However, it is important for you to follow certain etiquette when dealing with collection calls. As NOLO explains, knowing how to handle collection calls can not only ease some of the anxiety, but can also save you from potential legal or financial trouble. Here is a list of things you should do and should not do when handling collection calls:
- Should Do
- Make a log of all the collection calls. This can help you straighten out what you owe and to whom you owe the money. It can also help you document inconsistencies if they happen, making it easier to rebuild your credit later on.
- Write to the agency to ask them to stop contacting you. You legally have the right to ask any collection agency to not contact you (with some exceptions), and they must respect your request. Additionally, it has to be in writing.
- Tell the collector if you think you don’t owe that debt. You should inform the collection agency if you feel there has been a mistake or the debt isn’t legitimate. As NOLO explains: “Often, collectors aren’t even aware that your debt may be uncollectable. Many times, if your reason is valid, collectors will voluntarily cease collection on the debt, as their resources are better used on consumers who don’t have a valid objection to paying the money.”
- Tell the collector that you can’t afford to pay the debt (be honest). Collection agencies are concerned about one thing only: collecting money. If you are honest with them, and give them a brief explanation of your circumstances, they may be more inclined to move on to other customers and let your collection go to the wayside, or to work out a payment plan.
- Give you collector your current address. As much as you may want to hide, collectors will contact anyone and everyone you may know to find out where you are currently living. This includes known associates and employers, and anyone with your previous address or phone number.
- Know what the collector can and cannot do. It’s important to brush up on the laws around collectors, so be sure to review the Fair Debt Collection Practices Act if you’re currently being contacted by collectors.
- Should NOT Do
- Do not give them your personal financial information. They should not have access to your social security number or your bank account (unless you are making a payment), and you should never share that information over the phone. Additionally, do not discuss the value of your property or assets with the collection agency. This information may be used against you if the collection goes to trial.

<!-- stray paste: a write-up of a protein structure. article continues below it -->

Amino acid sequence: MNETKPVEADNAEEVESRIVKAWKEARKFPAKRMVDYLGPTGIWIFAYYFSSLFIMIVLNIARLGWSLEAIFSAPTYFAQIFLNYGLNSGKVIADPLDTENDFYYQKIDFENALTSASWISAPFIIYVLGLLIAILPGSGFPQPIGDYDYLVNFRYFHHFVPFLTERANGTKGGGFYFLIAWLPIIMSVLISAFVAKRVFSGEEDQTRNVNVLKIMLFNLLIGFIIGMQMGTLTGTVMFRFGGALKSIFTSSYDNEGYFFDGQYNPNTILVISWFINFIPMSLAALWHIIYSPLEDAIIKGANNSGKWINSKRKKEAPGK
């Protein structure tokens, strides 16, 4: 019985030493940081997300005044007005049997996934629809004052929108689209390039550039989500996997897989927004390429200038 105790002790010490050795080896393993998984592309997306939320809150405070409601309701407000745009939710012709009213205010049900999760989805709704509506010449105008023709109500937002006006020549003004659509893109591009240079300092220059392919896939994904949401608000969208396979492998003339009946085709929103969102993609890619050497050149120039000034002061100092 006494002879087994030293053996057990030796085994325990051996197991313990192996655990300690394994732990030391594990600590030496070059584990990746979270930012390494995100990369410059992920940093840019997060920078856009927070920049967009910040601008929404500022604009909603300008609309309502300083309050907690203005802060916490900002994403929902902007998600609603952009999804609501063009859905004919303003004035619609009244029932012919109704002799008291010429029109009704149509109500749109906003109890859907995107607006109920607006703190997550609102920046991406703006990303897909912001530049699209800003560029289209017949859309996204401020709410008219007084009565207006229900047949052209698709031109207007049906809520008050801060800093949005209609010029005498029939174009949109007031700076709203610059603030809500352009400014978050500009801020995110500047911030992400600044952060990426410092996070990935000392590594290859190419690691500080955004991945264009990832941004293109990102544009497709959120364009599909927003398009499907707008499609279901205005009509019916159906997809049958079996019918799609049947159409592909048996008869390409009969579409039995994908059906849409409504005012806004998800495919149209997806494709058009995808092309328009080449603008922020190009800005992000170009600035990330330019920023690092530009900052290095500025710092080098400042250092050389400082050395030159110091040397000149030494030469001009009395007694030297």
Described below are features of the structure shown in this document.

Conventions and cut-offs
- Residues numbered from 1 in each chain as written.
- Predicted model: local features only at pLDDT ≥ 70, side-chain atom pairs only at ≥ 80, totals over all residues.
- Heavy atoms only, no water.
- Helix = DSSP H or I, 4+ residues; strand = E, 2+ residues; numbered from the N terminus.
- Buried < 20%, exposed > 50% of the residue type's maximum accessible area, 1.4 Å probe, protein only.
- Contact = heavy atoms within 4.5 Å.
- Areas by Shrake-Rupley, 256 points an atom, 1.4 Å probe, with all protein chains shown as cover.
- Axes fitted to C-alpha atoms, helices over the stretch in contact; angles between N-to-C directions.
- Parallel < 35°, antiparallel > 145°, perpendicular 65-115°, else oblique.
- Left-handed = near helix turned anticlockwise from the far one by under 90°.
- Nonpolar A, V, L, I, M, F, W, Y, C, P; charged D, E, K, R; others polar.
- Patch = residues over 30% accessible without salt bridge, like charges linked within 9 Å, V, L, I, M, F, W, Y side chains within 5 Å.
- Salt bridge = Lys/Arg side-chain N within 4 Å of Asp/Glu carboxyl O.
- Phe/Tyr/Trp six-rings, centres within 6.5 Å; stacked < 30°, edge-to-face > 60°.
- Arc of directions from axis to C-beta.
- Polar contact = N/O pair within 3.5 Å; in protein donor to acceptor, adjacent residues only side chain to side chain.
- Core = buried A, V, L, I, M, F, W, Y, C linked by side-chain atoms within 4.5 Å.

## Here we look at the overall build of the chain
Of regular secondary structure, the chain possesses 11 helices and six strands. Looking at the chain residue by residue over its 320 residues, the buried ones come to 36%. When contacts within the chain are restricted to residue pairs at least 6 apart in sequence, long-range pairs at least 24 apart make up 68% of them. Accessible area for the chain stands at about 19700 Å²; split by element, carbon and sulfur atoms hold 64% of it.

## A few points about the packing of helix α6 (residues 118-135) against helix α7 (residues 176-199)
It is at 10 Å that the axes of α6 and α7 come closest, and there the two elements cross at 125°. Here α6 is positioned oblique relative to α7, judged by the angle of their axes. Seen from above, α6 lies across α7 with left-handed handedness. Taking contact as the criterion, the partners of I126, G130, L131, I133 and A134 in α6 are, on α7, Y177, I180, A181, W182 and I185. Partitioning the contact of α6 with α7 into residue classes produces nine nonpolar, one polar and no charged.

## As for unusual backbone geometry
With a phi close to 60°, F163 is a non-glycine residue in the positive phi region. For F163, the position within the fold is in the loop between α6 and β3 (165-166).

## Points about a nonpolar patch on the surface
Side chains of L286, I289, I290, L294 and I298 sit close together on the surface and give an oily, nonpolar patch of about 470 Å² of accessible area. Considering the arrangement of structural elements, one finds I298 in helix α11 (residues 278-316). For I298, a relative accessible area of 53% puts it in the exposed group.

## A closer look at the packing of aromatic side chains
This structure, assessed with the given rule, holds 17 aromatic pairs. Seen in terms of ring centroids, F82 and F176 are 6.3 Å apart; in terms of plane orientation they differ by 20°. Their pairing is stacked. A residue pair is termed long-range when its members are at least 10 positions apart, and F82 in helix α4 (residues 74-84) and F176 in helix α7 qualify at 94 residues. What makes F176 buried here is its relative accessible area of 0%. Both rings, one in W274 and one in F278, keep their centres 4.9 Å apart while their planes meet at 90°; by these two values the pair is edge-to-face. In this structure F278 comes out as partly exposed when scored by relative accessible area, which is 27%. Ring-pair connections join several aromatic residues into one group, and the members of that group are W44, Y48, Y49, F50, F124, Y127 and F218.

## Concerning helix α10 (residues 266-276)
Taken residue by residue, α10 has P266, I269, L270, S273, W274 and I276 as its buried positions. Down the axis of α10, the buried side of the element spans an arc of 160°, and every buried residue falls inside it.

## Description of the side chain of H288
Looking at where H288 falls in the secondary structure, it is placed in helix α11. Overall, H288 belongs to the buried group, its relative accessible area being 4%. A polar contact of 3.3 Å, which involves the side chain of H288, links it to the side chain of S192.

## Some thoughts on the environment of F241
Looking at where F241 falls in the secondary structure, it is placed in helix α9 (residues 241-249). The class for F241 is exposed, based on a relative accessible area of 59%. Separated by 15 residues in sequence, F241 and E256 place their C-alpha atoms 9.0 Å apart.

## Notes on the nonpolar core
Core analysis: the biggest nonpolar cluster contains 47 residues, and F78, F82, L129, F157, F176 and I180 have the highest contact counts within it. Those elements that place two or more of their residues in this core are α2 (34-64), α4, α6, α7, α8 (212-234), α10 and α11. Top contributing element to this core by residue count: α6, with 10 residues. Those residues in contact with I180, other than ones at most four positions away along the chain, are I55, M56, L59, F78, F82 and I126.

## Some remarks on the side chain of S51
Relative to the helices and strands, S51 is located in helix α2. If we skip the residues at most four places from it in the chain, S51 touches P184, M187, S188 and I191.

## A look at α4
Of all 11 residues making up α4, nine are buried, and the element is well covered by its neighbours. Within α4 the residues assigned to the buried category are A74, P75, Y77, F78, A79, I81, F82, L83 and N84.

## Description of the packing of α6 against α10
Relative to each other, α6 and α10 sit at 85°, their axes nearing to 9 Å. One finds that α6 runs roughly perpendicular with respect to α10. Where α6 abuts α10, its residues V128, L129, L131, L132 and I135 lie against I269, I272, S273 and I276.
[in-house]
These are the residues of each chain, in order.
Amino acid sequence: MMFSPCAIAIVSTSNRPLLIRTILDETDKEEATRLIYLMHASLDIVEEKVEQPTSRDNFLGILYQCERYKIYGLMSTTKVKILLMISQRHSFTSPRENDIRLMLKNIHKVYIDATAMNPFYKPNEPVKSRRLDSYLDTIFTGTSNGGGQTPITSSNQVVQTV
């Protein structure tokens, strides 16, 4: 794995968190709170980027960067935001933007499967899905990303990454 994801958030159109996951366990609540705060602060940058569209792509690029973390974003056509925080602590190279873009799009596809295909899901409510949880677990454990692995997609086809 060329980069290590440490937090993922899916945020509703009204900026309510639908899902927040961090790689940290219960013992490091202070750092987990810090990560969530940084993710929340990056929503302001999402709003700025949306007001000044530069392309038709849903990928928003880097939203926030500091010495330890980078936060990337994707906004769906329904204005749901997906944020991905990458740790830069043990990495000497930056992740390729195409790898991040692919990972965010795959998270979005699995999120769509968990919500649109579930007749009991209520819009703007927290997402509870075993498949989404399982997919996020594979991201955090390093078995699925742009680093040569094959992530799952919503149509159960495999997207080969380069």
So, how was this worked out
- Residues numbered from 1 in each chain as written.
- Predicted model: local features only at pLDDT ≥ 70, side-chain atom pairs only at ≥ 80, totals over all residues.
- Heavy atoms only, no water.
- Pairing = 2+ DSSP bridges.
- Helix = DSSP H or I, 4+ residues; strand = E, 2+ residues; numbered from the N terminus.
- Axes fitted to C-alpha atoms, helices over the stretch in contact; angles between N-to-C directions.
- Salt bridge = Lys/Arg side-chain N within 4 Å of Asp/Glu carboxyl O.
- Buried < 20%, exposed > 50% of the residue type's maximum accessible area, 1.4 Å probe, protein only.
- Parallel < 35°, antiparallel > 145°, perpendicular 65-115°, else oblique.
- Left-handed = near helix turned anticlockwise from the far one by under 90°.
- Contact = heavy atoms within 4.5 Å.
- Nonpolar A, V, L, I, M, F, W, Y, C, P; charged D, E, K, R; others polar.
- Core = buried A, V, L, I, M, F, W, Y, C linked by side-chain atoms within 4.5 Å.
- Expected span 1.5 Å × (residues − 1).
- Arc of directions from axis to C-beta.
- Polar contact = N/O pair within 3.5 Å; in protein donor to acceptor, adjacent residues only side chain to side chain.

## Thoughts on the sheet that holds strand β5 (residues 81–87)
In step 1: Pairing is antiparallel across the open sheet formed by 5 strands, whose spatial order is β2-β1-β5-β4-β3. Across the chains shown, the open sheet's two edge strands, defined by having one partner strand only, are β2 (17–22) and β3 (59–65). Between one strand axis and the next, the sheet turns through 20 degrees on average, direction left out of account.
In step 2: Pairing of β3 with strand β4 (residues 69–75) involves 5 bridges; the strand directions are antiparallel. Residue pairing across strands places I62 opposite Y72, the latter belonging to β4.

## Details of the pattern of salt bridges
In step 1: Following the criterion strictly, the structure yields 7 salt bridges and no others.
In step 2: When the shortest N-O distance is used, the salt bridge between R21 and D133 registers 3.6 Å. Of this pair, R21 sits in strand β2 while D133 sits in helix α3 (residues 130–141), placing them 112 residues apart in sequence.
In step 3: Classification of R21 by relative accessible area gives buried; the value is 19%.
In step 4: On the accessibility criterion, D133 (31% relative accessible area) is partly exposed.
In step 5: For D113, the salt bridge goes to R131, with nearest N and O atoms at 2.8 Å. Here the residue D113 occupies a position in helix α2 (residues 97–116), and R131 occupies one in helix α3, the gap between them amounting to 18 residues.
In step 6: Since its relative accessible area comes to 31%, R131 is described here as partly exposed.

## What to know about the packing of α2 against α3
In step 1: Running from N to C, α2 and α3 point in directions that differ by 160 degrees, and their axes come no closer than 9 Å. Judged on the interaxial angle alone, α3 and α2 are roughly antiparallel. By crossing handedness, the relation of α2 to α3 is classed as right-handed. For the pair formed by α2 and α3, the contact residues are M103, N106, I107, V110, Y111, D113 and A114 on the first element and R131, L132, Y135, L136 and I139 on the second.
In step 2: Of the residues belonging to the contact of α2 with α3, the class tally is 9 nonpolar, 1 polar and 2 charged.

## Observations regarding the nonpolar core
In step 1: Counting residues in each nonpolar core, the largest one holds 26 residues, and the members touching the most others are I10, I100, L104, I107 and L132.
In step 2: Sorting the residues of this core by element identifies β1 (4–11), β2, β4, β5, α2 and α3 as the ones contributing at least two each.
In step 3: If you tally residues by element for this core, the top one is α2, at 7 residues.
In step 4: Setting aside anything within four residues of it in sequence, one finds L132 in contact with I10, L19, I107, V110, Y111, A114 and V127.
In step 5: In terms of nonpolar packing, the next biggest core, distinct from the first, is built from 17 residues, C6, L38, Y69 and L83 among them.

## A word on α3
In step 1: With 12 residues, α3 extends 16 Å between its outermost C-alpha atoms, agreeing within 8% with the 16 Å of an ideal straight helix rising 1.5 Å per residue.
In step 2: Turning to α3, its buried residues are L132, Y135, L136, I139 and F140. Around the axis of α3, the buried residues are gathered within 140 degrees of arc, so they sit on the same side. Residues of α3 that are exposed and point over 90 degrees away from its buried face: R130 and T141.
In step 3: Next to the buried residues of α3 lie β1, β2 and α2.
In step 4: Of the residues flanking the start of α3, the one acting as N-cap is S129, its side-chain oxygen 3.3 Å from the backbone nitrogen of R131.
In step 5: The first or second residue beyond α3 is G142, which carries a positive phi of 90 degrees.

- Do not make a “good faith” payment. Sometimes debtors feel that a small payment may make them more favorable to collection agencies, and may help avoiding a lawsuit with the company. However, as NOLO explains: “But what this small payment can do is extend the statute of limitations (the time limit that a debt collector can sue you for the debt). This is because in most states, the statute of limitations clock starts ticking from the date you made the last payment. Every new payment, no matter how small, restarts the statute of limitation clock.”
- Do not make promises or admit that the debt is valid. You can explain why you cannot pay, but any affirmative statements about the debt could be used against you in a lawsuit.
- Do not lose your temper. Your calls are often recorded, and using profanity or getting hostile with the caller will only hurt you in the case of a lawsuit. Keep a level head, and write to the company if you no longer want them to call you.
What Does a Collection Call Scam Look Like?
One of the biggest fears with unknown collection calls is that they are not legitimate. It’s a clever way to try to steal money — by telling the debtor that they had an old account go to collections and now owe them money. But there are some obvious red flags to look out for when collection call scammers contact you.
For one, many scammers will be over-the-top aggressive with you on the phone. Real collection agencies know that they cannot act this way, and scammers will use all the threats in the book to try to get you to pay up. They will also demand payment today, instead of offering you a way to pay over time or in the future.
As for the form of payment, scammers will often be very particular. They will only allow credit card payments, while real collectors don’t mind how you pay them (as long as they are paid). Real collectors will take snail-mail payment, checks, credit or debit cards. Scammers will insist that those methods will not work.
Additionally the scammer will not give you a physical address or name of the collection agency they are employed with. They will likely refer you back to the original company you owe money to instead of giving you a detailed report of your collection, which is something a real collector would easily be able to give you.
If you think a collection caller is a scam, try Google searching the number that is contacting you. Sometimes online searches will reveal if a phone number is really a scammer or not. If you are positive it’s a scammer, then simply ignore the calls. They are trying to scam as many people as possible to get money, so they will most likely move on quickly when they realize you have not been fooled.
Collections Don’t Have to be Scary…
Collection calls can certainly be intimidating, but you don’t have the be scared of them. The best tool to have on your belt when dealing with collection agencies is knowledge, and knowing how to deal with the calls can make a world of a difference.
Don’t let these calls keep you up at night. Remember to pay off your debts, and settle up with these companies as soon as possible. Once you do, you’ll feel less stressed and be able to enjoy the freedom of paying off your past debts, and focus on rebuilding your credit.
Image Source: https://depositphotos.com/
Katie McBeth is a researcher and writer out of Boise, ID, with experience in marketing for small businesses and management. Her favorite subject of study is millennials, and she has been featured on Fortune Magazine and the Quiet Revolution. She researches SEO strategies during the day, and freelances at night. You can follow her writing adventures on Instagram or Twitter: @ktmcbeth
This post was updated December 20, 2017. It was originally published August 3, 2017.